How to Clean Porcelain Grill Grates

How to Clean Porcelain Grill Grates

When cleaning your grill, take care not to harm the porcelain grates. With regular upkeep, porcelain grill grates can survive for many years. If you’ve invested in a quality barbeque grill, following cleaning methods can help keep it in pristine condition for many years.

Safely Cleaning Porcelain Grill Grates

Porcelain-coated metal grill racks are known as porcelain grill grates. Iron or steel make up the metal cores, with iron being the favored material. The iron heats up more quickly and intensely than steel when covered with porcelain, making it the perfect cooking surface.

A thick covering of porcelain has been applied to both metals. It results in the ideal grill grate, which is simple to heat and clean. However, porcelain grill grates require a thorough cleaning after a while.

Scrubbing Technique

Sometimes all it needs to clean your grates is a little elbow grease.

Materials Needed

For cleaning porcelain grill grates, the following items are required:

  • A soft surface, such as plywood or a table with a heavy drop cloth covering it.
  • Two-gallon pail
  • Warm water
  • Dishwashing liquid
  • Rags
  • A brush with gentle bristles or an old toothbrush


  1. Fill the pail with warm water and add a few drops of dish soap.
  2. Remove the grill’s cooking grate. Rinse it with clean water, then set it down on a piece of plywood or a thick towel folded in half to preserve its surface.
  3. Scrub the surface of the grill by putting your rag into the bucket of warm, soapy water and being sure to reach all the nooks and corners. Use an old brush or a soft bristle brush if it cannot remove baked-on residue with a towel.
  4. Rinse and air-dry before re-grilling. Dry it with a gentle cloth or rag.

Quick Tip!!!

When utilizing brushes with a scraper on end, exercise caution. No matter how baked-on the food and grease may be, never use scrapers on a porcelain grill’s surface. The grill grate’s metal core may rust due to surface damage from the scraper, which can lead to fissures, cracks, and chips.


Your biceps will thank you if you soak rather than clean. This requires more time.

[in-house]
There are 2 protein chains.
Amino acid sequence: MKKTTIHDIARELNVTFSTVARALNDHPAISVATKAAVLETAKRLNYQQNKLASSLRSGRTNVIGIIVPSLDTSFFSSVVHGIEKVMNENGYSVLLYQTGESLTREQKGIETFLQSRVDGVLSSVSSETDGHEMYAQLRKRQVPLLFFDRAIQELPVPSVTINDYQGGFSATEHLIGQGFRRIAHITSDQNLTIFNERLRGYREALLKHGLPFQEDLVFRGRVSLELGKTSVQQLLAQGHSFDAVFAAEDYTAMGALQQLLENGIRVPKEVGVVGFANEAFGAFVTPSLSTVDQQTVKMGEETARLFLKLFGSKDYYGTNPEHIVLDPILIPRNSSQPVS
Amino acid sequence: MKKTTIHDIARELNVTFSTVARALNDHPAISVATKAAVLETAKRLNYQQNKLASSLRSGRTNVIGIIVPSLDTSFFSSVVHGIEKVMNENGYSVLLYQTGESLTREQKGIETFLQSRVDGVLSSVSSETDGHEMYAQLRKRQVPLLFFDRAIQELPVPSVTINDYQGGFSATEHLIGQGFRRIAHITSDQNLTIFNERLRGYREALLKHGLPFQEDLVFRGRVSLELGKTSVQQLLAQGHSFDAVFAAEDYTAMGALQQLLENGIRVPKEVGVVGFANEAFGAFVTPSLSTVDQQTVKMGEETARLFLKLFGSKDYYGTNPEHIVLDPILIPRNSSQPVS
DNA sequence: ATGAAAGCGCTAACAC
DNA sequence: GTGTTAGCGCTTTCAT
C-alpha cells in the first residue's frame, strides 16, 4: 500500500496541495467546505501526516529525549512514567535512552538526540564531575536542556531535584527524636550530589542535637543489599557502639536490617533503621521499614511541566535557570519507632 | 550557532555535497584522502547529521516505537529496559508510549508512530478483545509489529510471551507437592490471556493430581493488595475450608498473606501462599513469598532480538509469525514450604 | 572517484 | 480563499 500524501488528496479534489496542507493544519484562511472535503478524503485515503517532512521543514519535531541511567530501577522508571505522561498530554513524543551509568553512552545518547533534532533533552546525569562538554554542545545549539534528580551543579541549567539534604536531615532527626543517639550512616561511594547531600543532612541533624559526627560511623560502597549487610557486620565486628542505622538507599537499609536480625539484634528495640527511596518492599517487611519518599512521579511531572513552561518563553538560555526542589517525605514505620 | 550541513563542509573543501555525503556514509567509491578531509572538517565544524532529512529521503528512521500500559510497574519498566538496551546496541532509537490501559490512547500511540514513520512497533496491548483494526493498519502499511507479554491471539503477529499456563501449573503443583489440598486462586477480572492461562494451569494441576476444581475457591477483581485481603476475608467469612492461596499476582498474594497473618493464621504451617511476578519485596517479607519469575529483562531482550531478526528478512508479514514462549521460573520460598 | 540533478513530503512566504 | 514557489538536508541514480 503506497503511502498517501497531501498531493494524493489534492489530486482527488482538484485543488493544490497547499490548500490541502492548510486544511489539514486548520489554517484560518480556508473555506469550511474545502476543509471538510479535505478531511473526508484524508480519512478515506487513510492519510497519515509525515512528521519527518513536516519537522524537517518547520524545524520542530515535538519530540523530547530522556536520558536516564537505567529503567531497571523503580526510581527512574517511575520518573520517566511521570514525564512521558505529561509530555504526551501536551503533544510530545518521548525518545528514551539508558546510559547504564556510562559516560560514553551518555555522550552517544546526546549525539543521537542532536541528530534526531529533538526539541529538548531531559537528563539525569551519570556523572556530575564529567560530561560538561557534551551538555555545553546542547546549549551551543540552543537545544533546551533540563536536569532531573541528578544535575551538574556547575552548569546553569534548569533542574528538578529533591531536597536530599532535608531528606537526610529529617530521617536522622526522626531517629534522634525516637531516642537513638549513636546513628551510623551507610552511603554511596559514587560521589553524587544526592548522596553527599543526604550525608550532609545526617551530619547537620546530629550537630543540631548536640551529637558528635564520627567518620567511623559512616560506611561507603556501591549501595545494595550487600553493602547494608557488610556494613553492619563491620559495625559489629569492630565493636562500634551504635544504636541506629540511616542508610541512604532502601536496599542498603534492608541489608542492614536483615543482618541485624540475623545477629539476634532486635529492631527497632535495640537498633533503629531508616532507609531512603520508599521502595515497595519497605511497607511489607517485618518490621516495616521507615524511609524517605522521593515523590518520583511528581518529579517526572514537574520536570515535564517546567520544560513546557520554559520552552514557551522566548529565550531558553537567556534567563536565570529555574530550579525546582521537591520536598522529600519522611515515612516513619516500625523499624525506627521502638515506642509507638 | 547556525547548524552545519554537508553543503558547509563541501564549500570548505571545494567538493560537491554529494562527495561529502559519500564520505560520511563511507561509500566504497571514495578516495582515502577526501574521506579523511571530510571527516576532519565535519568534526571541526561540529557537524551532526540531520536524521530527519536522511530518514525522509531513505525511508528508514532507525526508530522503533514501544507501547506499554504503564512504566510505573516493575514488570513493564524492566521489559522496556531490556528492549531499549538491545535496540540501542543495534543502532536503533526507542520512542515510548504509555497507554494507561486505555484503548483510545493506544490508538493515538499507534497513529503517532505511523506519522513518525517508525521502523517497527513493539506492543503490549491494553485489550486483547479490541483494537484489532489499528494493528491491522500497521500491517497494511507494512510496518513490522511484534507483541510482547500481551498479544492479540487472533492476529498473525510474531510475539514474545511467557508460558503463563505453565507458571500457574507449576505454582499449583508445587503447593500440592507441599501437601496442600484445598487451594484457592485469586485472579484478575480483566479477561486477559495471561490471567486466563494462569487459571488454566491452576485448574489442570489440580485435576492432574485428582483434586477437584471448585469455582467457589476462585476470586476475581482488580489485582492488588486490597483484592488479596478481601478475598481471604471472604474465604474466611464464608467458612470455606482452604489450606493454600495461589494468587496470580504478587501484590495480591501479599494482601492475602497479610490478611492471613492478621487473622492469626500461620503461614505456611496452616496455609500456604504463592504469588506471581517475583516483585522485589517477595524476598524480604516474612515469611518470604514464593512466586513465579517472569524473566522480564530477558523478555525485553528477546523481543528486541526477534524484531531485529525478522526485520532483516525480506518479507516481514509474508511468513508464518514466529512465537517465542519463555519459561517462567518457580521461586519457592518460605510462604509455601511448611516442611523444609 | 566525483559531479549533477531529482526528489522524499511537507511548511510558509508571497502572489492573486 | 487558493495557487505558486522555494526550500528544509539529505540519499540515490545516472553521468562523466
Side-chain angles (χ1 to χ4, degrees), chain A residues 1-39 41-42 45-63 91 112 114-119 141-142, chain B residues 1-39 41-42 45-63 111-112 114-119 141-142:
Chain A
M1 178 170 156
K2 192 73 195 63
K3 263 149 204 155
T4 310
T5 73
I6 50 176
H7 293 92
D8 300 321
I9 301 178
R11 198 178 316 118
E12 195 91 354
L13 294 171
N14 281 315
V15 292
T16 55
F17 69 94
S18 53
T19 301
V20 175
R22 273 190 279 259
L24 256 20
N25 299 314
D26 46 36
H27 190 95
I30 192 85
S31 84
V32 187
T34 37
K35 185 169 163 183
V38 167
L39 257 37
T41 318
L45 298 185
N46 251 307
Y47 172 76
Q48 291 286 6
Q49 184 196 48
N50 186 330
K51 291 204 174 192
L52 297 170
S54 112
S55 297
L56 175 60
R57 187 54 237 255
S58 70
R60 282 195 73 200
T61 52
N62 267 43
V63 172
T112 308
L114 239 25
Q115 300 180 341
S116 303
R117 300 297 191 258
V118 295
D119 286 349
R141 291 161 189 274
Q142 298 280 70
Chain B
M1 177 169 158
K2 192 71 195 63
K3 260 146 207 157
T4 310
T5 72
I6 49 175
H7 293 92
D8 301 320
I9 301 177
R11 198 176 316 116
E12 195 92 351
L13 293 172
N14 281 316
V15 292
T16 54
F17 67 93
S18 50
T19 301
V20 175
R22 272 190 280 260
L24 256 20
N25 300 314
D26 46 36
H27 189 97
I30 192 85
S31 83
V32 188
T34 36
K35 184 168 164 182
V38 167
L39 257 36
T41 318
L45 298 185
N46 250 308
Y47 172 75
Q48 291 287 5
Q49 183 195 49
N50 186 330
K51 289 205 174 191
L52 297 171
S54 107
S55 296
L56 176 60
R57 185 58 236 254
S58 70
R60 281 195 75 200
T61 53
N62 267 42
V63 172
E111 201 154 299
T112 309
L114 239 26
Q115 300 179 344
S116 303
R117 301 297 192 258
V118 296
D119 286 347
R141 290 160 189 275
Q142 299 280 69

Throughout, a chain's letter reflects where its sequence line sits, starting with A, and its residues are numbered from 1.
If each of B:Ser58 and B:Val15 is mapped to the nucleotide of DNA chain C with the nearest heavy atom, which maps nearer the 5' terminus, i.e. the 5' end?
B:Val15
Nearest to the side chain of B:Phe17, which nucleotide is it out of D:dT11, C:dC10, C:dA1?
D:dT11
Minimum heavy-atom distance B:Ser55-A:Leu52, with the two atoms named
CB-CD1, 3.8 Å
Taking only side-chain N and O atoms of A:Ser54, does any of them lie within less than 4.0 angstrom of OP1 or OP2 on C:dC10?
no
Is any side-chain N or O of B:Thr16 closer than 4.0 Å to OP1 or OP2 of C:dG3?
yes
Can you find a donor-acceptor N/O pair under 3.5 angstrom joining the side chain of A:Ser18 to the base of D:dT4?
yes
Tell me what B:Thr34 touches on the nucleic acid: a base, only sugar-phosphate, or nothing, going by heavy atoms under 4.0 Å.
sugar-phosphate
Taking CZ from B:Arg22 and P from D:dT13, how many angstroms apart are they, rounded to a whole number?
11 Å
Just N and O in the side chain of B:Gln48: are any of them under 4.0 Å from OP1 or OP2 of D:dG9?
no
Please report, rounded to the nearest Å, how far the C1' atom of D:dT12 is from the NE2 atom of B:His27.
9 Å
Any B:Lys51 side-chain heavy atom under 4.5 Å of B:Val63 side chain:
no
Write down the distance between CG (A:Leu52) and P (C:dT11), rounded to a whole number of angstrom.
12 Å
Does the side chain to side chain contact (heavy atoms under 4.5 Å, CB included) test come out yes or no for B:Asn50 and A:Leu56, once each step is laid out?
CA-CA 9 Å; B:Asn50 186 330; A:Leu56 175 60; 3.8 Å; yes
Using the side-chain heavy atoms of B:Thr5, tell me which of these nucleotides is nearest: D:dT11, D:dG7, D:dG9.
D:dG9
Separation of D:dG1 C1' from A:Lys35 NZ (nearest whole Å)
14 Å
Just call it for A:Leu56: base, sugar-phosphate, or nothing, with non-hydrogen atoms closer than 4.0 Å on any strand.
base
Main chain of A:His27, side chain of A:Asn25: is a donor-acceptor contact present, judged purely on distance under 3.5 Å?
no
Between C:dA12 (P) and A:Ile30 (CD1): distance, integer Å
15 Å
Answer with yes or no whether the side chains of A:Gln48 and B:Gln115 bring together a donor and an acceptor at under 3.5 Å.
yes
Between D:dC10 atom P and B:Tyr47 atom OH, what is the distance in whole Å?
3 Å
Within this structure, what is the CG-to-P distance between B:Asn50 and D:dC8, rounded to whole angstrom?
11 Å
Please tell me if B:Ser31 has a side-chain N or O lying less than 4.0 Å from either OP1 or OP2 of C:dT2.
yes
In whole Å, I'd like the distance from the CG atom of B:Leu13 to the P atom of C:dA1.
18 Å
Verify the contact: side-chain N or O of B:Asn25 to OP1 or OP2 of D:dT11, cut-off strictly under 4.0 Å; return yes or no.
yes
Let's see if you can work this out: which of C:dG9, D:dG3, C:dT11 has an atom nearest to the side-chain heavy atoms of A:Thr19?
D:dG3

Resources required

You’ll need

  • A plastic bottle (a 30-gallon container works best)
  • Heat
  • Detergent (preferably Dawn for cutting grease)
  • Scrubby bristles
  • Towel/rag


  1. Burn grill debris for 10 minutes. Cool fully.
  2. Fill the container with warm water. Add Dawn.
  3. Remove and submerge grill grates. 30-90 minutes.
  4. If your receptacle isn’t big enough, flip the grating.
  5. Rinse racks. While you shouldn’t use a power washer, a little pressure can help.
  6. Towel off the barbecue grate. Brush and rag off any residue.
  7. Weber Grill Brushes are available to clean porcelain grills. Soft brass bristles work well on porcelain.
  8. Rinse and air-dry racks.

Quick Tip!!!

Keep your grill clean after cleaning it. Between uses, rinse grill grates to avoid food and oil buildup.


1. How are enameled grates cleaned?

Fill the sink with soapy hot water: The sink should be filled with extremely hot water and grease-fighting dish soap. Give the grates 10 to 15 minutes to soak.

Scrub with Bon Ami: After soaking, if necessary, apply a tiny amount of Bon Ami to a nylon scrubber without scratches and scrub away any food or grease residue that has baked on.

2. Are porcelain grill grates superior to cast-iron grates?

If you typically cook delicate foods, such as fish and vegetables, at low heat, porcelain grill grates may be your best option. If you prefer your food to be hot, though, you’ll need grates with strong heat retention (cast iron).

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